By Don Keelan
Vermont’s untouchable U.S. senator has announced that he will campaign once again for the presidency of the United States. It was only four months ago that Sen. Bernie Sanders stated he would be our state’s voice in the U.S. Senate for another six years. Because of his hands-off standing in Vermont, no one dares to challenge this misleading statement.
His message in 2019 is not at all different than what it has been for the past 50 years — the elimination of capitalism and the free-market system. A real-life example of the Untouchable’s message and how it is practiced can be seen, almost daily, in Venezuela.
There was a time when Sweden was Sanders’ gold standard for what he would like America to be. However, it was not radical enough for him so he attached himself to Venezuela’s recent president, Nicholas Maduro, and before him, Hugo Chavez.
The latter two, in less than a decade-and-a-half have taken one of the most prosperous countries in South America, if not the world, and brought it to economic, social and political collapse. And to hear the Untouchable speak, Venezuela under its socialist leaders is exactly what he would like to replicate in the United States.
Sanders translates this to having free college, Medicare for All, free fuel, food and clothing, and all the other needs of the country’s 99 percent — paid for by the remaining 1 percent, who according to Sanders have all the wealth.
His message is politically contagious. No less than a dozen other Democratic Party presidential aspirants are echoing part, if not all, of the Vermont Untouchable’s message.
Venezuela’s Chavez and Maduro gladly gave away so much of their country’s resources to their constituents so long as international oil prices stayed high. In doing so, it was a guaranteed way of keeping the populace’s loyalty. Their country was one of the world’s largest oil suppliers. And then things changed — the bottom fell out of the oil pricing and the cash flow ran dry. As a result, today the citizens of Venezuela are paying dearly.
Why Sanders is untouchable in Vermont is that the press, politicians and government officials are afraid to challenge him on what he says and what he does, so long as he continues to bring dollars to the state from Washington, D.C.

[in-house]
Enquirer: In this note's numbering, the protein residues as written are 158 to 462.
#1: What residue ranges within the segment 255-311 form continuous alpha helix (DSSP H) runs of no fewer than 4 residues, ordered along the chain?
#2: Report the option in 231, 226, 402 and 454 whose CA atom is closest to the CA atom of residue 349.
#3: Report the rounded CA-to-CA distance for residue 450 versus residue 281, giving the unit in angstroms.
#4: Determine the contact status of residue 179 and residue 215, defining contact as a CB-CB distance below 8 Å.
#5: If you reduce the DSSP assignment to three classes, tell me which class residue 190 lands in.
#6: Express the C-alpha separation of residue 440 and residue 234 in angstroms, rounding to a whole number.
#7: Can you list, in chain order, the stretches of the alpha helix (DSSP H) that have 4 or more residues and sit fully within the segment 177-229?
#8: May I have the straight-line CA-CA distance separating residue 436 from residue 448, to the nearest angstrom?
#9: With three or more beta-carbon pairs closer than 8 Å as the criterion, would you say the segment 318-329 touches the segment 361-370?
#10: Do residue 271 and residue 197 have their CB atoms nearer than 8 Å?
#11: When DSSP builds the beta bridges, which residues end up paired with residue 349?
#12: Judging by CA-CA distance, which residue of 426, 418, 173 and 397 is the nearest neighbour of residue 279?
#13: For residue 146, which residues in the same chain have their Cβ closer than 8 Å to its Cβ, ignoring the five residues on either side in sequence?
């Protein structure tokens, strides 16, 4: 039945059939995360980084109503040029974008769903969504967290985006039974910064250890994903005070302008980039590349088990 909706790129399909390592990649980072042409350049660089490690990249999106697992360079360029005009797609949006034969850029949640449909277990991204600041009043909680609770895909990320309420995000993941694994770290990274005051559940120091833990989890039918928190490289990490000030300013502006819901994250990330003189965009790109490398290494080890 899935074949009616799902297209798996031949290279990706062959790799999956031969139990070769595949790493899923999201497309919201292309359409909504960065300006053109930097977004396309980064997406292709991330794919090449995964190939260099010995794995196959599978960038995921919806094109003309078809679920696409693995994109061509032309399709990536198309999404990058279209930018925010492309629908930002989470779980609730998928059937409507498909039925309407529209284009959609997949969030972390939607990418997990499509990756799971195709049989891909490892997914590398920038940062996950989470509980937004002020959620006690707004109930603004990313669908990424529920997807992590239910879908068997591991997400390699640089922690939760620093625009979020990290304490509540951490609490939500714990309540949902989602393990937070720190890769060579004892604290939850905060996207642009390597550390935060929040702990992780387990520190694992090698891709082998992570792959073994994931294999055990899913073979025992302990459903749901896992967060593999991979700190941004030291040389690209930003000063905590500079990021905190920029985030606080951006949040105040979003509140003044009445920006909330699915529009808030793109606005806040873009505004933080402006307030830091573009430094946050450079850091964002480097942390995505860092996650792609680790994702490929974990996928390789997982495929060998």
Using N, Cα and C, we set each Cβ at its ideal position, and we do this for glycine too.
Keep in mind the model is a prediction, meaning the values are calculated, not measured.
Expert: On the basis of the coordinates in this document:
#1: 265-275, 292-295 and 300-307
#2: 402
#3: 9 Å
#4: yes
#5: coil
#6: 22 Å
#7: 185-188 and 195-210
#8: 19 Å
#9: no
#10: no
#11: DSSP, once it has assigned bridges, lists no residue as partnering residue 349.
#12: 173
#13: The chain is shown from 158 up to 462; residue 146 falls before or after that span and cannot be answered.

Where is the outrage that the senator will not stay in Washington and represent our state? Where was the outrage when a small college in Burlington had to close its doors because of what was, at a minimum, a loan scam? Just imagine if a private developer went to the bank and the state bonding agency and had presented similar data that was used to obtain $6.5 million in bond financing for the college? I have not heard of one media source in Vermont inquire as to who are the owners of Alexandria, Virginia’s Old Towne Media LLC, and what about the millions it obtained in fees in marketing commissions from Sanders in the last election. And why was the two-person marketing company given the lucrative advertising contract for the 2016 campaign when Vermont has over 65 advertising and marketing companies? This is the smoking gun, not Burlington College.
It would be awesome if the government could provide free college and free health care to all, but it would be quite helpful if the media would ask what would it cost in detail, and how it would be paid for.
At least the Wall Street Journal is willing to raise the issues. They did so in an editorial on Feb. 20, the day after Sanders made his announcement to run for president.
The Journal noted: “Mrs. Sanders would wield significant policy influence in a Sanders White House, as Hillary Clinton did as first lady. At the very least the Burlington failure shows financial incompetence and a tendency toward nepotism.” Sounds a lot like socialism, and a lot like Venezuela.
Don Keelan writes a bi-weekly column and lives in Arlington, Vermont.